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Using Script# to build ASP.NET AJAX Enabled Controls

Recently I’ve finished reading the marvelous book ASP.NET AJAX IN ACTION. After that I thought to start build some simple ASP.NET AJAX Enabled Controls. Unfortunately I’m not an advanced JavaScript developer and I consider most of the scripts I wrote a simple bad coding practice scripts. So ASP.NET AJAX Scripting framework would enhance my Scripting style! But again I’m not an advance JavaScript developer. I know JavaScript basics that would let me go ahead and would give a crash start. And I’ve tried a tool made by Nikhil Kothari named Script#. A tool that lets me writes JavaScript for ASP.NET AJAX Enabled Controls using C#, a language that I’m used to develop with.

Script# in few words is C# compiler that converts C# code to JavaScript Code.

So I started to use Script# and I was amazed by how fast I can accomplish developing my simple controls using this tool. In this post I’m going to show my experience with this tool and focus on things I wished to have in it but so far it doesn’t support.

Simply when I started with Script#; I wanted to build a simple styled TextBox control that have style when hover over it or receive a focus or even when the TextBox is in read-only state. Very simple control isn’t it?!

Well, Script# provides you with base classes to inherit from if you wish to build AJAX Enabled Controls. These classes are Sys.UI.Control and Sys.UI.Behavior. As you might notice, these classes are mapping to the Client Classes with the same name. When you compile your project you’ll get a JavaScript output file with your client classes you defined in the C#. Of course your client class generates will inherit from the client class you defined in your C# code. It is important to note that we are talking here about client classes not the ASP.NET Server Control classes.

The code for my classes is attached to the post, all you need is to download the Script#, install it and compile the Projects attached. Then examine the JavaScript files generated. Also you’ll notice that there is 2 JavaScript files are generated “YourProjectName.js” and “YourProjectName.debug.js”. The first one is the release version which is compressed and hard to read. The other one is the debug version, not compressed and has all your debug details on it. That means inside your C# code you may call Debug.Trace() method, this method class will not be available in the release version of the script but of course it will be generated in the debug version.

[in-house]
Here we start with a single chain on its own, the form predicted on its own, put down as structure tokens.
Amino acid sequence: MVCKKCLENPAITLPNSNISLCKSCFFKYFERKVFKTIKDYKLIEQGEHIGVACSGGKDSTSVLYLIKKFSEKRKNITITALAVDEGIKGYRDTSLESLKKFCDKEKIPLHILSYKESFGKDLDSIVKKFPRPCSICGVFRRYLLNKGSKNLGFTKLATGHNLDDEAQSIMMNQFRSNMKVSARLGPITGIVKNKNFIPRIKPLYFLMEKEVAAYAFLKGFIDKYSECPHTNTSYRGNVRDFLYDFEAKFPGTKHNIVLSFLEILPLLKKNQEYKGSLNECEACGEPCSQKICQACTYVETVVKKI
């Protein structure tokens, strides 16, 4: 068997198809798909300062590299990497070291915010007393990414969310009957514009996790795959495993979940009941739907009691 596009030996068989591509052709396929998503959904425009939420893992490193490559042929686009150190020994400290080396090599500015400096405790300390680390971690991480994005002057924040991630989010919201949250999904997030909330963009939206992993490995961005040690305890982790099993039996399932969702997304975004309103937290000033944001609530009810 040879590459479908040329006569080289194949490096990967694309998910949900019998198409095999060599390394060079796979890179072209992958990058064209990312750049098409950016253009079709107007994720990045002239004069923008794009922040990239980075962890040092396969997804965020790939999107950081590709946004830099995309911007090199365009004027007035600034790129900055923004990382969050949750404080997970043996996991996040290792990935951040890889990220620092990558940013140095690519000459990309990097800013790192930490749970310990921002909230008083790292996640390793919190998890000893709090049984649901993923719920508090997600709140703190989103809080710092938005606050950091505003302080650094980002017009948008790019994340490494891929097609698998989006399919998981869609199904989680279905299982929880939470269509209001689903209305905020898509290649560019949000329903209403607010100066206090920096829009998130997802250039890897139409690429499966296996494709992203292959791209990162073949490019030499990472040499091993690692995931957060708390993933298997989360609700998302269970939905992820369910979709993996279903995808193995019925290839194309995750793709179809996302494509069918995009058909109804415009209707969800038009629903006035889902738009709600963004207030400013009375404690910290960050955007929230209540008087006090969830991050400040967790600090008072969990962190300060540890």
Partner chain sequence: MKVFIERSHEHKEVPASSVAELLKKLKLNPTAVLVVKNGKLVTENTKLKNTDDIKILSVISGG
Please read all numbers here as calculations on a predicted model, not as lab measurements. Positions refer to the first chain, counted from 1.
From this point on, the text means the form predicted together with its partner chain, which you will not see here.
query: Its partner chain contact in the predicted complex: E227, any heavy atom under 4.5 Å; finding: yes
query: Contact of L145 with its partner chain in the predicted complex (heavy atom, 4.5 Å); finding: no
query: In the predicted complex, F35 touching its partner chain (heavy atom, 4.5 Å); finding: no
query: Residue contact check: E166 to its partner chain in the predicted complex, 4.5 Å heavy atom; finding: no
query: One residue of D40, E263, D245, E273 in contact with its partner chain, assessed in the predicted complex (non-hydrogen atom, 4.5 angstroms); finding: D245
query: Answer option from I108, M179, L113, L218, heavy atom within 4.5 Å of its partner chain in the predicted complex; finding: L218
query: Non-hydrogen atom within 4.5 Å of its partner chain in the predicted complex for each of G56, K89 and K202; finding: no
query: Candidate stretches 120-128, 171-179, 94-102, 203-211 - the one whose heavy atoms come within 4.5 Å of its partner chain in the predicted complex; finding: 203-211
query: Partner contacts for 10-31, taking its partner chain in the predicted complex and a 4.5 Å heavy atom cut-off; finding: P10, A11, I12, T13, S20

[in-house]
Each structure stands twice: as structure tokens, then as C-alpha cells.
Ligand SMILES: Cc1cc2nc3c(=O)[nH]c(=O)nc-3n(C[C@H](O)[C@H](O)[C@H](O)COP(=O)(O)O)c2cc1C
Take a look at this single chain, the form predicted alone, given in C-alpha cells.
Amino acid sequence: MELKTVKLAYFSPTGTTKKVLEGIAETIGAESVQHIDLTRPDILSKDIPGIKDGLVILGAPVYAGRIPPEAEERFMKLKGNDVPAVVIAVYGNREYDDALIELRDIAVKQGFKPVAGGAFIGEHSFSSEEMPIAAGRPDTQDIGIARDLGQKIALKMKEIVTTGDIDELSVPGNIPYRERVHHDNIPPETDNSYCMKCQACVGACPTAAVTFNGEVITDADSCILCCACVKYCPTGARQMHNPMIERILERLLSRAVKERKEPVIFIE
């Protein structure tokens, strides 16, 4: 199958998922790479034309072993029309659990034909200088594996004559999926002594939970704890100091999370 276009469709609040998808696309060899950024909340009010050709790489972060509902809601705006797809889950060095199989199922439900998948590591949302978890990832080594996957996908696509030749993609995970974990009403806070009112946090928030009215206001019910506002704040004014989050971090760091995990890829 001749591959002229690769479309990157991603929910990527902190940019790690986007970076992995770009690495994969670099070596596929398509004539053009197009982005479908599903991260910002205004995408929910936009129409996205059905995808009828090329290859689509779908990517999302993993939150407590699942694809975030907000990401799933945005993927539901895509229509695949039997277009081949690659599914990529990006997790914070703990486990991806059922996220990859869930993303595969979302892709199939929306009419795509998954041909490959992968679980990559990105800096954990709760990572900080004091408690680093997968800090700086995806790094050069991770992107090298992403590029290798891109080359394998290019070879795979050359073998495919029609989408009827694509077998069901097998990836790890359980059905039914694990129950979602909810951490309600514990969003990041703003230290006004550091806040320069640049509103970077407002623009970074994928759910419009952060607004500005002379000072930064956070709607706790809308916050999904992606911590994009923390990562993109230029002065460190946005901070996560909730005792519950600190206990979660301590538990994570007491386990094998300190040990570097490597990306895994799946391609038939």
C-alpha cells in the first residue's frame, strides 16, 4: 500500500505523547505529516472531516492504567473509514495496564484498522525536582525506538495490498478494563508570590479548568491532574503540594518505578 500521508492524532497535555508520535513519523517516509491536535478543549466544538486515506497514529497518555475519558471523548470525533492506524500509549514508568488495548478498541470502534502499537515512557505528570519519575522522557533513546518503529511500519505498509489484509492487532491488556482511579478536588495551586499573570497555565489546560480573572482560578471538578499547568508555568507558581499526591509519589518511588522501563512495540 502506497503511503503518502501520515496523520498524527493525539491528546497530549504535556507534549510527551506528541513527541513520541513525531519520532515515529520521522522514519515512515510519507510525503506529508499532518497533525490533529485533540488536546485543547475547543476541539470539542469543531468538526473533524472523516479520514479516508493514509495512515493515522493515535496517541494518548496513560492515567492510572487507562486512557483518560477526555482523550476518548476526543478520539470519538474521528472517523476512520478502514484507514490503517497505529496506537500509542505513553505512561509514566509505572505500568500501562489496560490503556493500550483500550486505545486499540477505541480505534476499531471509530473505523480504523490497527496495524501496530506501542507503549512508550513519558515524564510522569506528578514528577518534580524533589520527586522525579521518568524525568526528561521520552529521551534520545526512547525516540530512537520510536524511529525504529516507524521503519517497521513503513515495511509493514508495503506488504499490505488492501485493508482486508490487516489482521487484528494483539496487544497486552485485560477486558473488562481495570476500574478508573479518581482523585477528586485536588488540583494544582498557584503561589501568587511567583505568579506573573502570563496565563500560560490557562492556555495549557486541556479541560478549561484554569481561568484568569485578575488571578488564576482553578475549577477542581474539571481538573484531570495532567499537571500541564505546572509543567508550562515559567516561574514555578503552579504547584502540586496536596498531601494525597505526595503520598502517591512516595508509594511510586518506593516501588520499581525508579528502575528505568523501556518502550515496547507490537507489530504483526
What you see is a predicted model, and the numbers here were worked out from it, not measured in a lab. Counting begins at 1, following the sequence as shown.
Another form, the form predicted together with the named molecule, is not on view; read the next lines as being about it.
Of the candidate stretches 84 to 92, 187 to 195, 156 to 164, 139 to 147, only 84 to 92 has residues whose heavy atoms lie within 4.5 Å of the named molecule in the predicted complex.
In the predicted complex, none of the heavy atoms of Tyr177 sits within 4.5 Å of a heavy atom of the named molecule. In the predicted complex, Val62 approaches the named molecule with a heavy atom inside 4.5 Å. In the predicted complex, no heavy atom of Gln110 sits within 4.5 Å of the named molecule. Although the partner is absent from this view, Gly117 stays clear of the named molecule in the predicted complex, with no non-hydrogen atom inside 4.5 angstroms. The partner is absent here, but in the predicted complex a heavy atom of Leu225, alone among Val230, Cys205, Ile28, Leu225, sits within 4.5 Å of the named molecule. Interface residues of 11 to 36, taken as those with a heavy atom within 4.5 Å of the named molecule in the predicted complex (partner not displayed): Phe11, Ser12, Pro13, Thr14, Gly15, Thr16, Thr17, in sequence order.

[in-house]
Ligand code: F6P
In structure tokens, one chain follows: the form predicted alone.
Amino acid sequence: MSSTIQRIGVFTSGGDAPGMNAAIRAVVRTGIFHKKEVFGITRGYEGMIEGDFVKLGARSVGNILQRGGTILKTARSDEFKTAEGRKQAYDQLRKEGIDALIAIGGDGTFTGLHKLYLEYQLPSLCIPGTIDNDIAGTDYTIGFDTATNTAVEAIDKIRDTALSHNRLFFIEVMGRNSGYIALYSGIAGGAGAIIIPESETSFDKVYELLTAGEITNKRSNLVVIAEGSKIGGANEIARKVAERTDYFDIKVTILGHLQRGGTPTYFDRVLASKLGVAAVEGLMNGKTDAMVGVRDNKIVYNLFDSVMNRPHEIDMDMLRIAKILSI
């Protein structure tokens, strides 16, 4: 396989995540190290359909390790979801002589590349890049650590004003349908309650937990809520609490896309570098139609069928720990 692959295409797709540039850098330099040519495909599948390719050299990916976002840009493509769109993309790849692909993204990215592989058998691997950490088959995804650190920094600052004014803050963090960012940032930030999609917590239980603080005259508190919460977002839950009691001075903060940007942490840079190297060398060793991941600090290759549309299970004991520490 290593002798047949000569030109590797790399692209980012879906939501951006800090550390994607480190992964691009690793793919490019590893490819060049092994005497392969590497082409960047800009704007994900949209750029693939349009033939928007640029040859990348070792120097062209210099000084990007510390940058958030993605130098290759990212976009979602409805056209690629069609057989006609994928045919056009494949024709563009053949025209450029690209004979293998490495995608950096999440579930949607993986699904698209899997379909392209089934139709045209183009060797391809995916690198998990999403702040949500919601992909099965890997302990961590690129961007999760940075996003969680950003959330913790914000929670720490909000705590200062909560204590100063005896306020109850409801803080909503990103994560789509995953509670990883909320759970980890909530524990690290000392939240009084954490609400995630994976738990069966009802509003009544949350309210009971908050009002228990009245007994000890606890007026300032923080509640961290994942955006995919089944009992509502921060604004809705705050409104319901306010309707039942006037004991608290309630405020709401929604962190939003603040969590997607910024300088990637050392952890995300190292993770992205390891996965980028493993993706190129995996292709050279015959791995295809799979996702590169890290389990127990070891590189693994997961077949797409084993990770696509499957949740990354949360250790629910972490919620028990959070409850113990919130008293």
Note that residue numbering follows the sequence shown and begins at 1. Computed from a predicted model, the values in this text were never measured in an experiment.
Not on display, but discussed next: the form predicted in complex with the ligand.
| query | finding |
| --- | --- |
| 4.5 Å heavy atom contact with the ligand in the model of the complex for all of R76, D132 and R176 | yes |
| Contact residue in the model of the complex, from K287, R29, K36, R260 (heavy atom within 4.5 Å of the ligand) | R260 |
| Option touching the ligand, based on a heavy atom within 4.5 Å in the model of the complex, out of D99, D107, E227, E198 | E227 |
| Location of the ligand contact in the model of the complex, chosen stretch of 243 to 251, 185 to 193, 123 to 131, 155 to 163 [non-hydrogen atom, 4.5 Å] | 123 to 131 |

At the time I’m writing this post I was using Script# v0.4.2.0. So far my comments about this wonderful tool are only 2:

·         When calling DomEvent.AddHandlers method it generate in JavaScript the fully qualified client method “Sys.UI.DomEvent.addHandlers” although there is a simple shortcut for it which is $addHanlders. Same thing for DomEvent.AddHandler method which has equivalent shortcut $addHandler.

·         Second comment is that I face the need to use readOnly property of TextBox. TextBox will render even an input element with type=”text” or textarea element. Both have readOnly property that can be accessed through client code. Script# provides nearly full DOM support in managed classes that is compiled and generates JavaScript code as output. So in Script# input element with type = “text” and textarea are represented as System.DHTML.TextElement and System.DHTML.TextAreaElement respectively. The issue here is both classes do not expose ReadOnly property!!
This issue made me access readOnly property through this code DOMAttribute att = this.Element.GetAttributeNode("readOnly");. Again facing another issue which is browser compatibility. IE returns readOnly property as Boolean true/false. FireFox and Opera return readOnly property as string; empty or null if the element is not read-only and “readonly” value if the element is read-only. A funny note, Opera returns “readOnly” with capital O if the element is read-only.

There are some other comments, but not sure how far Script# can reach to enable such facilities. For example, as mentioned above I had to access readOnly property using a long line of code. This code is generated like this var att = this.get_element().getAttributeNode('readOnly'); a long line comparing to this code this.get_element().readOnly; especially if you can save few extra lines by accessing the property directly.

Finally, Script# is really powerful tool that saves time and learning curve of JavaScript. You need to have C# programming skills and a good vision of DOM so you can gain maximum benefits of the Script#.


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